At the VFW headquarters in Kansas City, a writing group is helping veterans heal from moral injury: a condition similar to post-traumatic stress disorder (PTSD). The Kansas City Vet Writing team (sponsored by the Missouri Humanities Council and belonging to the Moral Injury Association of America) is headed by marine veteran Nick Lopez. Since being established in 2014, the group’s worked with thousands of veterans and family members.
The Veteran’s Readers Theater
Every year for the past four years, Lopez hosts the Veteran’s Readers Theater. “Heroism in service” was the theme of last year’s (virtual) event. Lopez began the theater with a description of the hero’s journey, involving sacrifice, “a call to adventure, a refusal to go, crossing a threshold, or battling internal and external monsters”. “Probably the biggest struggle with veterans is sharing those experiences with their loved ones”, Lopez then said. “They believe that it’s hard for other people to relate to what they’ve experienced”. The participants then took turns reading their personal stories and poems ultimately in an effort to heal from the moral injury of war.
Moral injury is often associated with PTSD and the conditions (both not easily diagnosed) share many of the same symptoms, including depression, anxiety, anger, and insomnia. Moral injury occurs when an individual does something in conflict with their core moral values, resulting in significant shame or guilt. “When you look at moral injury, that’s when you’re seeing the conscience, the empathy coming forward, and that’s when the veteran would suffer from sorrow, grief, regret, shame, and the alienation as well,” said Cindy McDermott, a Navy veteran and co-founder of the Kansas City-based Moral Injury Association of America. “At the worst, it’s self-medication with alcohol or drugs”. The transition to civilian life can be challenging for veterans who often simultaneously have conditions like PTSD and moral injury. They may have also experienced military medical malpractice due to negligence of military healthcare staff, which results in pain, emotional trauma, and further medical bills. Fortunately, in this case, military defense lawyers can help veterans sue those responsible for negligence and win rightful compensation.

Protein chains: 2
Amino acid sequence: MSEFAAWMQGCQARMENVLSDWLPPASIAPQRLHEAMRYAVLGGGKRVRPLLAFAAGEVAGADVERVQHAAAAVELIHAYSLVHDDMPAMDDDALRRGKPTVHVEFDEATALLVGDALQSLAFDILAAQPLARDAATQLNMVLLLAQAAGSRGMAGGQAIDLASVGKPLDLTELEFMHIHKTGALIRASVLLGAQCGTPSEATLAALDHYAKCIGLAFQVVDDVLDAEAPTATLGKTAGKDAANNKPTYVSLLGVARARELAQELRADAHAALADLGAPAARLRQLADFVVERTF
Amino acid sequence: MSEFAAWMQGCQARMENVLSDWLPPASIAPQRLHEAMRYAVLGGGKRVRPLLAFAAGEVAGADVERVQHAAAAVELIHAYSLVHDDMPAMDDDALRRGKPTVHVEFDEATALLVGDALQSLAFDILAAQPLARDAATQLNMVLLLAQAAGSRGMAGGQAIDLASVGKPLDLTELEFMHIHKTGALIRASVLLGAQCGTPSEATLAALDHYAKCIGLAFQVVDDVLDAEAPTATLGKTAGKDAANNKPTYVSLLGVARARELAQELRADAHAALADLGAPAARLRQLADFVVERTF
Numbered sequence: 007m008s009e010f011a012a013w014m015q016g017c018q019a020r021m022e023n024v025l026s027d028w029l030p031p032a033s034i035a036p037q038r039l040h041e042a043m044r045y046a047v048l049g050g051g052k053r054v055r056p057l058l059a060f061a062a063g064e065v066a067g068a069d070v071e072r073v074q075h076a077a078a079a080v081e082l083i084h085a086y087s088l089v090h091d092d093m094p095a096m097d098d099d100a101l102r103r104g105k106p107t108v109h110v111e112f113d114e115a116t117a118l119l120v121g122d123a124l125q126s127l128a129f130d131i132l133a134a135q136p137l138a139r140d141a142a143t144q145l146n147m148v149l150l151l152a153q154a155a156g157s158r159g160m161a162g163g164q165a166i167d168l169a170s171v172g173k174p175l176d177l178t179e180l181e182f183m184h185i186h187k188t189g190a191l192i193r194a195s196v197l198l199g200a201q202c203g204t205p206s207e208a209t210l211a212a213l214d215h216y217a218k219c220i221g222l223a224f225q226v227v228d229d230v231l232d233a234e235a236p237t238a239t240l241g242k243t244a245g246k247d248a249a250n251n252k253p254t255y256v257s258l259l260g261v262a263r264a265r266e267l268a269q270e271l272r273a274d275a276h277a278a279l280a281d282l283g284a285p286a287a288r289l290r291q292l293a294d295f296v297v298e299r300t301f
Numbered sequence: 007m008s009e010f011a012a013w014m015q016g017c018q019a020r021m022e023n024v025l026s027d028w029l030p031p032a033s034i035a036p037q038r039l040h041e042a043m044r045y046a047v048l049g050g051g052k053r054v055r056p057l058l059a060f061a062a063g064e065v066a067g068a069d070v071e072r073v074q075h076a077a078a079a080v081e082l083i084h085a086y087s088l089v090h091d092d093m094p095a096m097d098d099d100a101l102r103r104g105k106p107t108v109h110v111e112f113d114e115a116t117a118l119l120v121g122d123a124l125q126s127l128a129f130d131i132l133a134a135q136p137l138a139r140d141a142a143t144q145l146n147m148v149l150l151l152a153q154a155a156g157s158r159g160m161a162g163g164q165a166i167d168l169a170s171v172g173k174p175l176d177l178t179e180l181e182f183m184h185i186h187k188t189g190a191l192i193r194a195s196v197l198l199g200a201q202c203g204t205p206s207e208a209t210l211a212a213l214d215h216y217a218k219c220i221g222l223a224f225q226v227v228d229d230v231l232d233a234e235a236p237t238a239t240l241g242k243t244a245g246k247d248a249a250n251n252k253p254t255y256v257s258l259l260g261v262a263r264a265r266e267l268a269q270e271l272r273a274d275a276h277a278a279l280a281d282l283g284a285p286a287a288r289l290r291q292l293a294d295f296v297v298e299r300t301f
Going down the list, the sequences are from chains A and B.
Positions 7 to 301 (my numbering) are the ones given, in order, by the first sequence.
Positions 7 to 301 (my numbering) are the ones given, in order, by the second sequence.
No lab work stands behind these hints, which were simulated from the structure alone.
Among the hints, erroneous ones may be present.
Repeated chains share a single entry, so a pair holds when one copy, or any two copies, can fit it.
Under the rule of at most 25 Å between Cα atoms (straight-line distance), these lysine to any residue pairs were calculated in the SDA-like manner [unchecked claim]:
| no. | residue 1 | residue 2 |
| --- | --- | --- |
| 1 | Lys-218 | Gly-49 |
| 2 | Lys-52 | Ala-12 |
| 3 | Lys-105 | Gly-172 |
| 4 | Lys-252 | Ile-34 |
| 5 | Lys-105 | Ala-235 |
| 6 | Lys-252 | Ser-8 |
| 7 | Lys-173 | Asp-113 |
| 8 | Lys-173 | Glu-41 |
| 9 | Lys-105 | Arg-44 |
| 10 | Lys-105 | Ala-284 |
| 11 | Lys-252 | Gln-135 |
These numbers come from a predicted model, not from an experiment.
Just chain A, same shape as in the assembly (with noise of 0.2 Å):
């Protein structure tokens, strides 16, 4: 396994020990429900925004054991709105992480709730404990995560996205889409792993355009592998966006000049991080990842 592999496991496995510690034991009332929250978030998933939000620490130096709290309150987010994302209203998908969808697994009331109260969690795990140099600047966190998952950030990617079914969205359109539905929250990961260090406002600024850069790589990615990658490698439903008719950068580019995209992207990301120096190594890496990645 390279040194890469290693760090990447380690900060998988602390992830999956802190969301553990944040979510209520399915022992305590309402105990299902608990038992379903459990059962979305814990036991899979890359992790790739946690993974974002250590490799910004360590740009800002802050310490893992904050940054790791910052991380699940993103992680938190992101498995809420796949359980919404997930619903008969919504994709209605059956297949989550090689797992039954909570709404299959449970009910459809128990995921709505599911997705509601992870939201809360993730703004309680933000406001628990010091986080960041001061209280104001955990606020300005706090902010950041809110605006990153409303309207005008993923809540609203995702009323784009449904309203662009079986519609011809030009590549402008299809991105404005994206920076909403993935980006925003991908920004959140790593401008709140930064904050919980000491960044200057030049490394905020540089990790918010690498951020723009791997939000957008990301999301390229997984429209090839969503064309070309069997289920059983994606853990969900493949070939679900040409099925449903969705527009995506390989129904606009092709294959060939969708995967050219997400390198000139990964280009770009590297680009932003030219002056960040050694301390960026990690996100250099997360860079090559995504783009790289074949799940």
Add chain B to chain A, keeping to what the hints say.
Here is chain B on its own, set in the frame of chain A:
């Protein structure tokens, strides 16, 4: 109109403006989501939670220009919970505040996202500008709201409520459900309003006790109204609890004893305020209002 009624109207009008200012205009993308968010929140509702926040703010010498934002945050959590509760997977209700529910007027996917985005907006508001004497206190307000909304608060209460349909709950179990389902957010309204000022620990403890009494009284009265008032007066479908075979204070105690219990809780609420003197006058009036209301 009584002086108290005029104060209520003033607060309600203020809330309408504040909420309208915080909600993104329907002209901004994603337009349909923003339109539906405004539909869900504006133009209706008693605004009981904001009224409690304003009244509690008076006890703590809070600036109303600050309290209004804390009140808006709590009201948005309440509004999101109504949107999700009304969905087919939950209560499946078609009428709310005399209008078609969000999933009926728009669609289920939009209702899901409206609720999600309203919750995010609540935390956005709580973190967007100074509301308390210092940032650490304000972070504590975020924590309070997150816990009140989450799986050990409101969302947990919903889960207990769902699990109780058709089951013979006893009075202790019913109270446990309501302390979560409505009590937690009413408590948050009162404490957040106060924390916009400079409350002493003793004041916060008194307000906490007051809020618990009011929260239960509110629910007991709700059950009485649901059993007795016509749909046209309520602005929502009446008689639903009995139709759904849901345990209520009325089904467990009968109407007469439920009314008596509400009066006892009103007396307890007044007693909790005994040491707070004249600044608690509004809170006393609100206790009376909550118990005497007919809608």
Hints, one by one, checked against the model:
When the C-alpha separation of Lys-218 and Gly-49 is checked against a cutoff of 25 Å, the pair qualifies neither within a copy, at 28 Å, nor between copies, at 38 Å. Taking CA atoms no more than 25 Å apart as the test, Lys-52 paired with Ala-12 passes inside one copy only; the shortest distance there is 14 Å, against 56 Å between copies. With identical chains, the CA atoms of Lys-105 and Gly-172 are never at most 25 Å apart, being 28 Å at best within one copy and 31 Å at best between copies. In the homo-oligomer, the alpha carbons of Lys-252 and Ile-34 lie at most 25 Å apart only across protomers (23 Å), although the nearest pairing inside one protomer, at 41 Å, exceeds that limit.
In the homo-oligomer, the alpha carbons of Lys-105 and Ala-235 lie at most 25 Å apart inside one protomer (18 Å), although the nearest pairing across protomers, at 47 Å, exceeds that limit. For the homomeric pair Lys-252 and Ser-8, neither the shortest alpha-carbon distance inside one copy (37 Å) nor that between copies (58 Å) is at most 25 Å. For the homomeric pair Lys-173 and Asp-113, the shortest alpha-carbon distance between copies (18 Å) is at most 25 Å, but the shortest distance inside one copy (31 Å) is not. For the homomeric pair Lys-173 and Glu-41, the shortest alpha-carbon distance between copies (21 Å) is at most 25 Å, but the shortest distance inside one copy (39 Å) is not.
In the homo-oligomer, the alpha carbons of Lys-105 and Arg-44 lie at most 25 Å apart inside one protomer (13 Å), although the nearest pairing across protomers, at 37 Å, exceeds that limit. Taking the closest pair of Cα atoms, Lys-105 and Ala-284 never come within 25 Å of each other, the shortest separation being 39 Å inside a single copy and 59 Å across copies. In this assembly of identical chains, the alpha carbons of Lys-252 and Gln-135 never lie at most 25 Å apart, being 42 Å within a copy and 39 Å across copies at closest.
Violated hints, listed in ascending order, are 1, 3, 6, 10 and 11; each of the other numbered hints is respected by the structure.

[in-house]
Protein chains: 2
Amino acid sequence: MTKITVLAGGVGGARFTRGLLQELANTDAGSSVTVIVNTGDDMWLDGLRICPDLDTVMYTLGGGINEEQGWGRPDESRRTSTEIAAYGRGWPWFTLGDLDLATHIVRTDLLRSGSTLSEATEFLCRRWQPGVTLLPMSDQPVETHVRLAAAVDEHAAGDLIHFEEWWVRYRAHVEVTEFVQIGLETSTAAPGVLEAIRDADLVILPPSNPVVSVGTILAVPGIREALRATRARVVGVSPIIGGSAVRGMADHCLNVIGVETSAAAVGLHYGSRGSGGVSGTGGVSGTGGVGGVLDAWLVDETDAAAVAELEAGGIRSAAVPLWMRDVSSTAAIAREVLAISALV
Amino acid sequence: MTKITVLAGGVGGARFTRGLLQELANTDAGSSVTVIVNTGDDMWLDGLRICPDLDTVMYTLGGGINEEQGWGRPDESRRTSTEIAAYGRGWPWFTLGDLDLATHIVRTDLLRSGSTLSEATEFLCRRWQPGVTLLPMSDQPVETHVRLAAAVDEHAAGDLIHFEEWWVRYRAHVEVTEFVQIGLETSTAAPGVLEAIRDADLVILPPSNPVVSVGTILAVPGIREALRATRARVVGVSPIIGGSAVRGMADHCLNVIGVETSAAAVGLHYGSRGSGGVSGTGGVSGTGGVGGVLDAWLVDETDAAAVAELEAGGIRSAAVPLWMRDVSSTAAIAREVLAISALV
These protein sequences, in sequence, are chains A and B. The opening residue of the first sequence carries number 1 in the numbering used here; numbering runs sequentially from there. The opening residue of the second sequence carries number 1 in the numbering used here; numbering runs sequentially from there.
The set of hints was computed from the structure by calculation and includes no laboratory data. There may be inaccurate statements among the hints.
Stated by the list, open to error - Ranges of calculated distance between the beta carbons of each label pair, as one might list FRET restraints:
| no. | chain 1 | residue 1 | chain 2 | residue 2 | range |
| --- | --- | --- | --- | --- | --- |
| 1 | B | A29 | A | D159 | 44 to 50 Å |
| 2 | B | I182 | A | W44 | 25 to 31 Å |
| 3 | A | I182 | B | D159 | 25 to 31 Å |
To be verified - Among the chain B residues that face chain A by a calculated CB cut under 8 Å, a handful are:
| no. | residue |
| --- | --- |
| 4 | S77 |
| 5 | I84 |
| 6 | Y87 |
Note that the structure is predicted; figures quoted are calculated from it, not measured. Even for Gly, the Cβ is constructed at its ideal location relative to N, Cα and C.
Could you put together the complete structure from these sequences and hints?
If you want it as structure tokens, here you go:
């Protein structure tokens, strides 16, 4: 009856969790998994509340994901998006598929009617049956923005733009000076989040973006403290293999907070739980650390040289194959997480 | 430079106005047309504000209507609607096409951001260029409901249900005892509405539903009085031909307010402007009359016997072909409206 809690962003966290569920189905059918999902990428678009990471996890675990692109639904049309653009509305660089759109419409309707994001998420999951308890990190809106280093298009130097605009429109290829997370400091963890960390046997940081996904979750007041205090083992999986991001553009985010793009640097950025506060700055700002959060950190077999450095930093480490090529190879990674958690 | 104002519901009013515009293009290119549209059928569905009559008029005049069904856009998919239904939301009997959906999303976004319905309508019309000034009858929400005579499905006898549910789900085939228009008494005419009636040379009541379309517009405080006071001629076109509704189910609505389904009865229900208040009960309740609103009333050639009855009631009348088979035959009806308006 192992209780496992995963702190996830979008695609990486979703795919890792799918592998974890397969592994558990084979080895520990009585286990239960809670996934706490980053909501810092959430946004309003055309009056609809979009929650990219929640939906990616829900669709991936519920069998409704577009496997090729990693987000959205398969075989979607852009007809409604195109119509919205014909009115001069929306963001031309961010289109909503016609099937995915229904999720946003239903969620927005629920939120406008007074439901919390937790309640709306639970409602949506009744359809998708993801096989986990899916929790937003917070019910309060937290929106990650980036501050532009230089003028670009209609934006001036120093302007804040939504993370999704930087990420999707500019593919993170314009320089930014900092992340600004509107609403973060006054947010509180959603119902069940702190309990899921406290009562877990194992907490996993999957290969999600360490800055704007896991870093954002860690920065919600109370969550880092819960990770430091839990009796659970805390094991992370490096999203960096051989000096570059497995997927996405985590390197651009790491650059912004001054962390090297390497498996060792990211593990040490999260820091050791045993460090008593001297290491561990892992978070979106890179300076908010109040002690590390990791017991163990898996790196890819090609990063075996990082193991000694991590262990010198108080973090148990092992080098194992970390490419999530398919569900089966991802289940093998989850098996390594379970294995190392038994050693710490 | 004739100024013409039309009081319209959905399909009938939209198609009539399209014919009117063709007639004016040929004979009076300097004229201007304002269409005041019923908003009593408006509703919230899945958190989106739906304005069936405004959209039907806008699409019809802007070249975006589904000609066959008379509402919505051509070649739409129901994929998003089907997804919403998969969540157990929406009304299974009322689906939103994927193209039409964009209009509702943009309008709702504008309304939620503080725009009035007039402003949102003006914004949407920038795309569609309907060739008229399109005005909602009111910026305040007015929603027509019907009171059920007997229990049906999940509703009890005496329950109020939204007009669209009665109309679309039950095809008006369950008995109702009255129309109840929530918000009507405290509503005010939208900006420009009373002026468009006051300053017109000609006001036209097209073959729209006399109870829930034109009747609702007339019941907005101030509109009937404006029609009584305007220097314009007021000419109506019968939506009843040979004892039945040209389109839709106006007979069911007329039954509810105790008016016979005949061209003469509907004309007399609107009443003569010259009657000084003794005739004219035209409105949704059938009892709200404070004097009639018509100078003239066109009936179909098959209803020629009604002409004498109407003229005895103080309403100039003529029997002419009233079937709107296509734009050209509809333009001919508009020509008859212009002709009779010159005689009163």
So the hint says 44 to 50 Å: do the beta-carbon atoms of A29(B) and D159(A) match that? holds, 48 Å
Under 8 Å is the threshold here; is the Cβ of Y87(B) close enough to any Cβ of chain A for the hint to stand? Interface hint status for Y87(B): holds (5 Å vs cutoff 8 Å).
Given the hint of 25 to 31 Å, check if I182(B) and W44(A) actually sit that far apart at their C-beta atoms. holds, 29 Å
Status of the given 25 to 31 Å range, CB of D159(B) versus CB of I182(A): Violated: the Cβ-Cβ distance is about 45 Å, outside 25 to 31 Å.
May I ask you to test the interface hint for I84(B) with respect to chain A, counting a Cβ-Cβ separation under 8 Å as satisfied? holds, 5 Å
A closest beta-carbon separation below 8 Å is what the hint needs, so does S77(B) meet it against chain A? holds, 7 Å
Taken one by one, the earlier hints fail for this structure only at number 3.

Crossing a moral line
Rita Nakashima Brock, Senior Vice President and Director of the Shay Moral Injury Center of Volunteers of America in Virginia offered a real-world example of moral injury: a young soldier she knew who was ordered to “shoot an Iraqi who was threatening to throw a grenade. He doesn’t remember actually shooting, but he remembers seeing this young man with a grenade in his hand and then seeing him lie in a pool of blood clearly dead,” Brock said. When the soldier checked his magazine afterward, he noticed he had fewer bullets than expected. He was suddenly convinced he’d killed the man. “He just was devastated,” Brock said. “He realized he had crossed some moral line in his life he could never get back across.”
Writing is a key step in healing from moral injury. “When they write it down, or they speak it, or they depict it, they could see it for the first time in a way that makes it something they could actually manipulate and work with,” Brock said. “And that’s the moment at which recovery is possible.